I get Wood’s point but struggled with this example because I believe the media would in fact use ‘boy’ and ‘man’ in similar examples. (A 5yr old boy was attacked; A 40yr old man was beaten….)
More interesting is her point that, it’s not only men who have a tendency to blame the victim. While Verla’s certainly very righteous, she (and the other girls to a lesser extent) have also made judgements about their fellow prisoners based on media reports. And sadly I suspect it is the case that society as a whole tends to want to preserve the image of high profile types. It’s far more palatable to believe their victims brought their fate on themselves. Far better than the option that we’ve been deceived by those we revere.
It’s also interesting to see how the women all cope with their extended incarceration. For all (including their jailers) there seems to be a slow descent into insanity as reality and their old lives become a distant memory.
I remained confounded that the girls didn’t fight back. Whether they were so disempowered as a result of their own public lashings; or eventually found comfort in obedience I don’t know. But (in retrospect) one cannot help but wonder what would have happened if they’d fought back soon after their arrival.
This book is beautifully written and ridiculously clever. Readers cannot help but be swept along—entranced by Wood’s stunning prose—even when the subject matter may be confronting.
I loved that Wood took no prisoners when it came to the practicalities. Some might cringe at learning how the girls coped with menstruation or the itchiness of body hair regrowth. The sunburn, blisters, greying teeth and chaffing helped make the girls’ stories very very real.
As I’ve almost written a novel myself you have probably gathered there is A LOT to think about in this book. As for the end… remember the mindf*ck I mentioned in the beginning?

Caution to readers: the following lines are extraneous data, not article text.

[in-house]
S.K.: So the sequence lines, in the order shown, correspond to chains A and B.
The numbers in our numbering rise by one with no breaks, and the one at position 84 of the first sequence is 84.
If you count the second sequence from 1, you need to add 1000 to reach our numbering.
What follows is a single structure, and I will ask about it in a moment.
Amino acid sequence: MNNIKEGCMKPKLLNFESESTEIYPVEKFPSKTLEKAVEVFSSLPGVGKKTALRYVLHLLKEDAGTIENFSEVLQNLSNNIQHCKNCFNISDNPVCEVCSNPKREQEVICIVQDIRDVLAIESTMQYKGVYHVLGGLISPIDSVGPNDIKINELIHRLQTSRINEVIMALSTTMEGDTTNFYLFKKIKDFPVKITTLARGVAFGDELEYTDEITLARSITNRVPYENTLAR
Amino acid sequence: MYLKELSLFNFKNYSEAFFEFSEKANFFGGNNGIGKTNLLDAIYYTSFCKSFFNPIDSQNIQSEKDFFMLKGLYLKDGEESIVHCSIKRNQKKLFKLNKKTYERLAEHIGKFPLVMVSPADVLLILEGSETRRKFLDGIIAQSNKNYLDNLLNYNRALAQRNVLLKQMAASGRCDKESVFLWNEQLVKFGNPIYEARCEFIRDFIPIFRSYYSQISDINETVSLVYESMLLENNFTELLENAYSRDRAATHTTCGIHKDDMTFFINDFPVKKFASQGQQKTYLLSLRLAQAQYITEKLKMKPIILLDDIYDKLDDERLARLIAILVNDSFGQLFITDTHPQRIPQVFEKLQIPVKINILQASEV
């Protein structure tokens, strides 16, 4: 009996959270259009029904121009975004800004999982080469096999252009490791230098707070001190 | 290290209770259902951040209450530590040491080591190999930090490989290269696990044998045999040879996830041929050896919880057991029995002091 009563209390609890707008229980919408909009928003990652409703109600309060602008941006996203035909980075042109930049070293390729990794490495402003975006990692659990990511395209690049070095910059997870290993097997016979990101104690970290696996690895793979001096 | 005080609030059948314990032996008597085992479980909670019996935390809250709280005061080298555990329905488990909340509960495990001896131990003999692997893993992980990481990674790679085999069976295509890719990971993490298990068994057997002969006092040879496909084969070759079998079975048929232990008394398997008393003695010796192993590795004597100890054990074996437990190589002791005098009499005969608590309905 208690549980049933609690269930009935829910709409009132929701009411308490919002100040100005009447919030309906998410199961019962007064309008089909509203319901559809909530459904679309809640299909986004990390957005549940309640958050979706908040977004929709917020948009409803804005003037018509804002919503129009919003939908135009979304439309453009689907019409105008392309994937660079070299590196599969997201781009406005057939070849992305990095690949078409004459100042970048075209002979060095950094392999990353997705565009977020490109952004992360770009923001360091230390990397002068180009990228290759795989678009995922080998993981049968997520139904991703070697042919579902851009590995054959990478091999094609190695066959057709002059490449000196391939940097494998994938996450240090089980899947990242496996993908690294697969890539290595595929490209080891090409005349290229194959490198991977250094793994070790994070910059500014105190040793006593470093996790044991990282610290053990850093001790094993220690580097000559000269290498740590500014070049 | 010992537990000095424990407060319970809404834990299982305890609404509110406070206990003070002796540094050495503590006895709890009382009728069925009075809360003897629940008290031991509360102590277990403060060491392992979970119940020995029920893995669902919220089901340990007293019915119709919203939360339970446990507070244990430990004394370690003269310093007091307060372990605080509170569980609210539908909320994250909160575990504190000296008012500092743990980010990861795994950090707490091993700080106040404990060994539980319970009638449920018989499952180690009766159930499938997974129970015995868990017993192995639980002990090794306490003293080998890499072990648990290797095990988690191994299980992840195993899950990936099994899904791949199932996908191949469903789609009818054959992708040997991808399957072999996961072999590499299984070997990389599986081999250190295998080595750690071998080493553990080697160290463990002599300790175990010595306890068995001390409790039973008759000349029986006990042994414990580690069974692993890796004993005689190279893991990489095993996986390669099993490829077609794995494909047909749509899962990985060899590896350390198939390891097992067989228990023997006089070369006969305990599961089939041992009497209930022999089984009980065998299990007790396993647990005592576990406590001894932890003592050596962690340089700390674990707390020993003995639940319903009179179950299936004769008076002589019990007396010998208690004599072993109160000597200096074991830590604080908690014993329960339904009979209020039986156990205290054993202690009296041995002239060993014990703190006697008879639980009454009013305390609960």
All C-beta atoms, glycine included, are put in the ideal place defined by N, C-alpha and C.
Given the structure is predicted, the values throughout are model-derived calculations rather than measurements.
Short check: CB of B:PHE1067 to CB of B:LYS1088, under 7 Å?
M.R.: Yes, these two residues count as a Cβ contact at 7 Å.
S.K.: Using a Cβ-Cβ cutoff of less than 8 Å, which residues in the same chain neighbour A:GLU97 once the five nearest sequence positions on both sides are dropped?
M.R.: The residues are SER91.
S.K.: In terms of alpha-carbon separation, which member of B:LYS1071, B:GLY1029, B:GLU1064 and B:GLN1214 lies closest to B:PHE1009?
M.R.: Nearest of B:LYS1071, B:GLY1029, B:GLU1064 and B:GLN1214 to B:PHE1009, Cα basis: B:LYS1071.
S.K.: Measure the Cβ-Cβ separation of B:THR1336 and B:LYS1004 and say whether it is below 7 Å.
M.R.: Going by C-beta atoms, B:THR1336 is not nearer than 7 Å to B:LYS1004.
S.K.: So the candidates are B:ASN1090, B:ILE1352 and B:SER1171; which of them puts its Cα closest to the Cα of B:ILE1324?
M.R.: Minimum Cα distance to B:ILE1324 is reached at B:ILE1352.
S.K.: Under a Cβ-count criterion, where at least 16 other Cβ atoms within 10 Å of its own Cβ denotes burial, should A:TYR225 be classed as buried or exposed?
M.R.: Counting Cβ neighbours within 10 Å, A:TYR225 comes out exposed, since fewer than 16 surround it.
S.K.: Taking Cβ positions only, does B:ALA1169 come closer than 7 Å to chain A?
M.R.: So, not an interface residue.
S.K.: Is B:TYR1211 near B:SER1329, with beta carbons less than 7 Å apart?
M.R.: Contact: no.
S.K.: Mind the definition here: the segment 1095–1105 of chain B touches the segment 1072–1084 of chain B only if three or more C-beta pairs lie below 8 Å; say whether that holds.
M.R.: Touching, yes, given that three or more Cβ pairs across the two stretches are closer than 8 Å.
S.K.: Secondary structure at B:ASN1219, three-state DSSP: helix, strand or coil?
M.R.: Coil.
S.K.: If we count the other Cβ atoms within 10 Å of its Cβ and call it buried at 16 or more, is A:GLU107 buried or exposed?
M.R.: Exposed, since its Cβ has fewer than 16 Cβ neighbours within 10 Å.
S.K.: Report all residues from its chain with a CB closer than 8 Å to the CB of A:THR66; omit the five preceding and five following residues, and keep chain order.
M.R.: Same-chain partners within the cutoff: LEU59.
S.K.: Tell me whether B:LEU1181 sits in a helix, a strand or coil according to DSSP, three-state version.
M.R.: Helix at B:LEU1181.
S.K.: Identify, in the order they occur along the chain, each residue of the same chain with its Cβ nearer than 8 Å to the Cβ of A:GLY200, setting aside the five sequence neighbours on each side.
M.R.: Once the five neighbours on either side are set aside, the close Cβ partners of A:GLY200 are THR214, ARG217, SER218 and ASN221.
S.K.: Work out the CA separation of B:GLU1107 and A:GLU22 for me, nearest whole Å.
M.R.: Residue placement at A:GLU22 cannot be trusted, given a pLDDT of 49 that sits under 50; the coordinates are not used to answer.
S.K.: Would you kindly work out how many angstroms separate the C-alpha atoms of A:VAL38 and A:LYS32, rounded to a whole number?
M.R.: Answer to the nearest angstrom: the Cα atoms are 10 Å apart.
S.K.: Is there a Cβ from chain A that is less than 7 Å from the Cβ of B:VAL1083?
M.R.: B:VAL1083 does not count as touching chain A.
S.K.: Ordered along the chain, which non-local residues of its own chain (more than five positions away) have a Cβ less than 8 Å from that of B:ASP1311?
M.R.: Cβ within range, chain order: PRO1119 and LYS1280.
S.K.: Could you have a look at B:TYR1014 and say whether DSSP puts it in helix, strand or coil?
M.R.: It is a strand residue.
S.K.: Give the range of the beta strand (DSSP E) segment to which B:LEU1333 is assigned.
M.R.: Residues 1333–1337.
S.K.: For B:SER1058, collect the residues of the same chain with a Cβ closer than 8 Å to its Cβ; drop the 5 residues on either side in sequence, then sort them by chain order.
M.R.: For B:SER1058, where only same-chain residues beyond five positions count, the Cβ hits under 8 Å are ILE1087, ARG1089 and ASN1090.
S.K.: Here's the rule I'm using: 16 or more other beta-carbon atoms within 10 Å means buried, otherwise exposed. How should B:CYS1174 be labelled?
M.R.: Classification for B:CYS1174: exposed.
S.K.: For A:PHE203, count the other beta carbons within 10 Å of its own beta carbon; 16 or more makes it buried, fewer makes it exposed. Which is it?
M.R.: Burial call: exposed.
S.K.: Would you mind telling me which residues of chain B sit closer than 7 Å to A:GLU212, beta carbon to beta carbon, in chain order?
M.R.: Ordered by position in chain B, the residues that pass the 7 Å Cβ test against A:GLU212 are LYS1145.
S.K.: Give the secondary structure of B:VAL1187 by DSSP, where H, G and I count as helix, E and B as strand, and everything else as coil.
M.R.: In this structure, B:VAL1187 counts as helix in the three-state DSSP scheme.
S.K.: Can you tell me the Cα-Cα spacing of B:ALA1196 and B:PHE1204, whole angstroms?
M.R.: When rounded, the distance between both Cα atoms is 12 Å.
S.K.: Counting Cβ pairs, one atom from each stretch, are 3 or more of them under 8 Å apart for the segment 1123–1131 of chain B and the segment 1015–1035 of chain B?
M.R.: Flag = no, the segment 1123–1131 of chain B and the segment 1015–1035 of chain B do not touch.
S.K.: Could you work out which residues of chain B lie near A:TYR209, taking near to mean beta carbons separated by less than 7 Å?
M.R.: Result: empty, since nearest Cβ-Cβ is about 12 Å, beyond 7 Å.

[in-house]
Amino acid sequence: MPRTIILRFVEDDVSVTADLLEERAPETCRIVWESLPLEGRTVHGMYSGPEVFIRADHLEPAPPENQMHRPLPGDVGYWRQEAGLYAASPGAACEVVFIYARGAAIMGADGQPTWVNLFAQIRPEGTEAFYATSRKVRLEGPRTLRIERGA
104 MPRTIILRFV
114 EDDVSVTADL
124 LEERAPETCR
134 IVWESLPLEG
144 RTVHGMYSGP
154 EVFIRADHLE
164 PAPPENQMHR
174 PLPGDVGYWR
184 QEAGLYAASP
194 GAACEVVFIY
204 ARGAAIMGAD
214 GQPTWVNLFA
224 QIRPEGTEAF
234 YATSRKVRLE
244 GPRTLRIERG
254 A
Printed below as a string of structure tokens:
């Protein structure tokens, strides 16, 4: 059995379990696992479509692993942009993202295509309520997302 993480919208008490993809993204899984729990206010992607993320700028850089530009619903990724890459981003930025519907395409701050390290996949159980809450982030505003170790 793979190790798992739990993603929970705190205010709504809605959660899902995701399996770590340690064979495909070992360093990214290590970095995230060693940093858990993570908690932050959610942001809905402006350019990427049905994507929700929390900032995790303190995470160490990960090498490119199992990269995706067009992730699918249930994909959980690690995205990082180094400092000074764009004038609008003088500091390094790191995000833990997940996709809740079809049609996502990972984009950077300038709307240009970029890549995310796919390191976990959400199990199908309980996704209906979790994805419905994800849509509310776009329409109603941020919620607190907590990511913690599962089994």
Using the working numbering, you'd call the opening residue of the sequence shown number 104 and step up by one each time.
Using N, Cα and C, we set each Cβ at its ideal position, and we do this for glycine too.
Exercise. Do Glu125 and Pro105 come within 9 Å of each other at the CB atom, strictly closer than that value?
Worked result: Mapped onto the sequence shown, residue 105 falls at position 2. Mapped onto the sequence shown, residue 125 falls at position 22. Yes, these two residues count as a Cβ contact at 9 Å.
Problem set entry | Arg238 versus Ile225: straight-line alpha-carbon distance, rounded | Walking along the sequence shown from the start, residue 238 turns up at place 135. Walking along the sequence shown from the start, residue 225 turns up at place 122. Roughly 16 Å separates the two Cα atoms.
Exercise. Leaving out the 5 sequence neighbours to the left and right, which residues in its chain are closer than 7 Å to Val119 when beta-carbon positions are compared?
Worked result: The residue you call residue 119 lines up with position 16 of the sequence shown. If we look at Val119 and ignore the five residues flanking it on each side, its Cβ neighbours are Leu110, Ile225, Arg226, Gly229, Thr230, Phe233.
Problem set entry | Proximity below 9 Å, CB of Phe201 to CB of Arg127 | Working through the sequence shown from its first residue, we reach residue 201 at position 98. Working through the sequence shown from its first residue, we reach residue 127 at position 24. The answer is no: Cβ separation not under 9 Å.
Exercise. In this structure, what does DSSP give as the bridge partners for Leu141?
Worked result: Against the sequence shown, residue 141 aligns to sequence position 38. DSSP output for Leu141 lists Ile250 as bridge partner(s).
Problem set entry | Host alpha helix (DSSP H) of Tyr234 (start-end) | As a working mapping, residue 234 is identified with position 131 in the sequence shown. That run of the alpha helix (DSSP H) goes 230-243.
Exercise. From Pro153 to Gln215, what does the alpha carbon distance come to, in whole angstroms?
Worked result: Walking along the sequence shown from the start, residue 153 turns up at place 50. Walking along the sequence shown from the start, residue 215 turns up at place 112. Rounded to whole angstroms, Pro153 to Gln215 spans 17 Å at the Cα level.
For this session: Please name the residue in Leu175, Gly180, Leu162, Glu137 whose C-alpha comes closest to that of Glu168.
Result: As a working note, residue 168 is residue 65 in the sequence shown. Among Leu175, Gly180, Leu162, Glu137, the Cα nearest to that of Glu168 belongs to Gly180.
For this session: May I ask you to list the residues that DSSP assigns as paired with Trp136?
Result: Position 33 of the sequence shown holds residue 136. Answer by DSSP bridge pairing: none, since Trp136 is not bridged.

Since finishing this book I’ve had Twitter and Facebook conversations with others who’ve also NEEDED to talk about it. It would be the perfect book club read, though might cause a few (ahem) heated discussions.
The lovely Elizabeth Lhuede has already reviewed it, for example and talks very eloquently about misogyny and learned helplessness. She also describes it as a near-future dystopia, which is something I most certainly didn’t realise.
Whatever your take on this book, it will—without a doubt—have some impact and if you’re like me, you’ll be pondering on it days and days (perhaps weeks and months) after you’ve turned the last page.
The Natural Way of Things by Charlotte Wood was released by Allen & Unwin on September 2015.
As an aside, it should mention that the version I read has an incredibly beautifully illustrated and embossed cover!
I received a copy of this book from the publisher for review purposes.
This interview with Wood in the Sydney Morning Herald sheds some light on her inspiration for the book. (And I’m kinda horrified that a place like Hay House existed!)